There has been a marked increase in prescribing for anti-inflammatory medication, particularly inhaled topical steroids, in the last two decades in the UK. The current British guidelines on asthma management(4) advocate a stepwise approach. For mild disease a b(2) -agonist bronchodilator is prescribed at step 1. Low-dose inhaled steroids are added at step 2 if the patient's symptoms persist. For uncontrolled asthma at step 2, the clinician has the choice of adding a long-acting b(2)-agonist bronchodilator or a leukotriene receptor antagonist, or to increase the dose of inhaled steroids at step 3. At step 4 other drugs such as theophyllines are added. Step 5 would involve use of oral steroids for severe uncontrolled asthma.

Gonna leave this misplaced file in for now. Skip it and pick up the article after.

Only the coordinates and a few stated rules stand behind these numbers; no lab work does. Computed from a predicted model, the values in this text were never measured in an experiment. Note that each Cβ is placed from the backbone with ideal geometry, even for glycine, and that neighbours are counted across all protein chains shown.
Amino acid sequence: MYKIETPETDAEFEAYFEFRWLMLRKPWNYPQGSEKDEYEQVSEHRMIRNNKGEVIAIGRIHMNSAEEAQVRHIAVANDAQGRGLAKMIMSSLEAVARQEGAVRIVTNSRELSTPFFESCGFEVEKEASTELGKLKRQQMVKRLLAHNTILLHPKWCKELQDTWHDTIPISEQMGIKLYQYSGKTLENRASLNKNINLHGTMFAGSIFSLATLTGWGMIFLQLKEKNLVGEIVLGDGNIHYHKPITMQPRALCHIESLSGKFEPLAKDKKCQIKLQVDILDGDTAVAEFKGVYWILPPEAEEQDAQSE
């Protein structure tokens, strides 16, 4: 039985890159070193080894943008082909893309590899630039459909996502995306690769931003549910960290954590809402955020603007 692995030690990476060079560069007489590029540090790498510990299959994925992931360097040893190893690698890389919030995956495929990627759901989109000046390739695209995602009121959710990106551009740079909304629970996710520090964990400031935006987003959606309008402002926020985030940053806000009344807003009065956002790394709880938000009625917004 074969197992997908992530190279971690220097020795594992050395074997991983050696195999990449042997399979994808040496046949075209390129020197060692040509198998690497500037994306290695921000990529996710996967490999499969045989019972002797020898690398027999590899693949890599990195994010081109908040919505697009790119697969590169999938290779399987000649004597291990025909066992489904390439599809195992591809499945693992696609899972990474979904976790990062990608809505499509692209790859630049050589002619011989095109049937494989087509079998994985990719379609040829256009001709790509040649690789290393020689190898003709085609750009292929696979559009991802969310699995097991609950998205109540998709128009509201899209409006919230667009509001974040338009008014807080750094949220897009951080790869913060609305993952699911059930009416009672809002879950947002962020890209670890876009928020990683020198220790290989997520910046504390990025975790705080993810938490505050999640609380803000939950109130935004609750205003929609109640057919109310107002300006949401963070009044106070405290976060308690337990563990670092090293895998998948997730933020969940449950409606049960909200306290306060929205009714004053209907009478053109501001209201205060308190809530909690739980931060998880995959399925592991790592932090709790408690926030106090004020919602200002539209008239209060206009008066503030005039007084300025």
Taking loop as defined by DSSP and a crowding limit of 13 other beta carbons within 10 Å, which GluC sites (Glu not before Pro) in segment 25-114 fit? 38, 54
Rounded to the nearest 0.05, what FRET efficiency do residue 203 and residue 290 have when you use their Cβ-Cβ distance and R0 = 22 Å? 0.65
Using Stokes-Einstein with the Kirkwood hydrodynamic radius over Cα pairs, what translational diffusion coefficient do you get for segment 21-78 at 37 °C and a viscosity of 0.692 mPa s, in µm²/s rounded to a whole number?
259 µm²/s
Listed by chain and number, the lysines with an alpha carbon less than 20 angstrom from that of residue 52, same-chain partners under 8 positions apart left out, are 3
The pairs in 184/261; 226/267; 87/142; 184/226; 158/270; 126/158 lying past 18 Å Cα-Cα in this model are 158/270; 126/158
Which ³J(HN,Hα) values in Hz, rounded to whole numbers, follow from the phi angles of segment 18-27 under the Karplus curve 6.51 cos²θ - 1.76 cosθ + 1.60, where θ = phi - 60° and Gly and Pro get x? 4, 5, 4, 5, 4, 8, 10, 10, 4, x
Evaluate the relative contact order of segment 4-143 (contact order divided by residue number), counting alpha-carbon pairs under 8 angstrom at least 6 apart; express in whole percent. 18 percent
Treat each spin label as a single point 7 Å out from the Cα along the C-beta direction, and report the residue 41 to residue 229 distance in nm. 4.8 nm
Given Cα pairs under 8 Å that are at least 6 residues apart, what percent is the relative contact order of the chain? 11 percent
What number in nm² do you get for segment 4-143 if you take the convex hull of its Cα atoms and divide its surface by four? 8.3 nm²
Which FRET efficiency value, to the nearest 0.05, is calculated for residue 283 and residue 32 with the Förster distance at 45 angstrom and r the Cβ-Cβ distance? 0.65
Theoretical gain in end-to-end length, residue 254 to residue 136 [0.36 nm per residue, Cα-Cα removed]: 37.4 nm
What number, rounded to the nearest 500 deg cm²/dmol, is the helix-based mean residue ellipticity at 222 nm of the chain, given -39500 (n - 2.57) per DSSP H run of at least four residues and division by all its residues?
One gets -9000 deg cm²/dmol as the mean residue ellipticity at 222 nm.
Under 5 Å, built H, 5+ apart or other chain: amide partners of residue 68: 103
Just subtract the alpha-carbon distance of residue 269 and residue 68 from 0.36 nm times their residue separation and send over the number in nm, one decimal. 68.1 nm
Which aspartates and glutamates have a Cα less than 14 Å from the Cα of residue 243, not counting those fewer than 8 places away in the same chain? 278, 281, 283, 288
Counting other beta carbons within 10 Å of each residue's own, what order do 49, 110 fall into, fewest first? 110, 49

When first presented with a patient with uncontrolled asthma, most clinicians in the UK would adopt a "start high then step down" approach in the case of inhaled topical steroids, in an attempt to gain rapid control of the patient's asthma. They would then reduce the dose once this has been achieved. In other words, we try to control the patient's symptoms and lung function by prescribing a high dose of inhaled (or oral steroids) and then reduce the dose as soon as the patient's condition warrants it. Unfortunately there is some evidence that patients are prescribed quite high doses of inhaled steroids before a firm diagnosis of asthma has actually been made. In established asthma patients, it has become customary to increase the dose of inhaled steroids when symptoms worsen. There is some evidence of benefit for this.(5)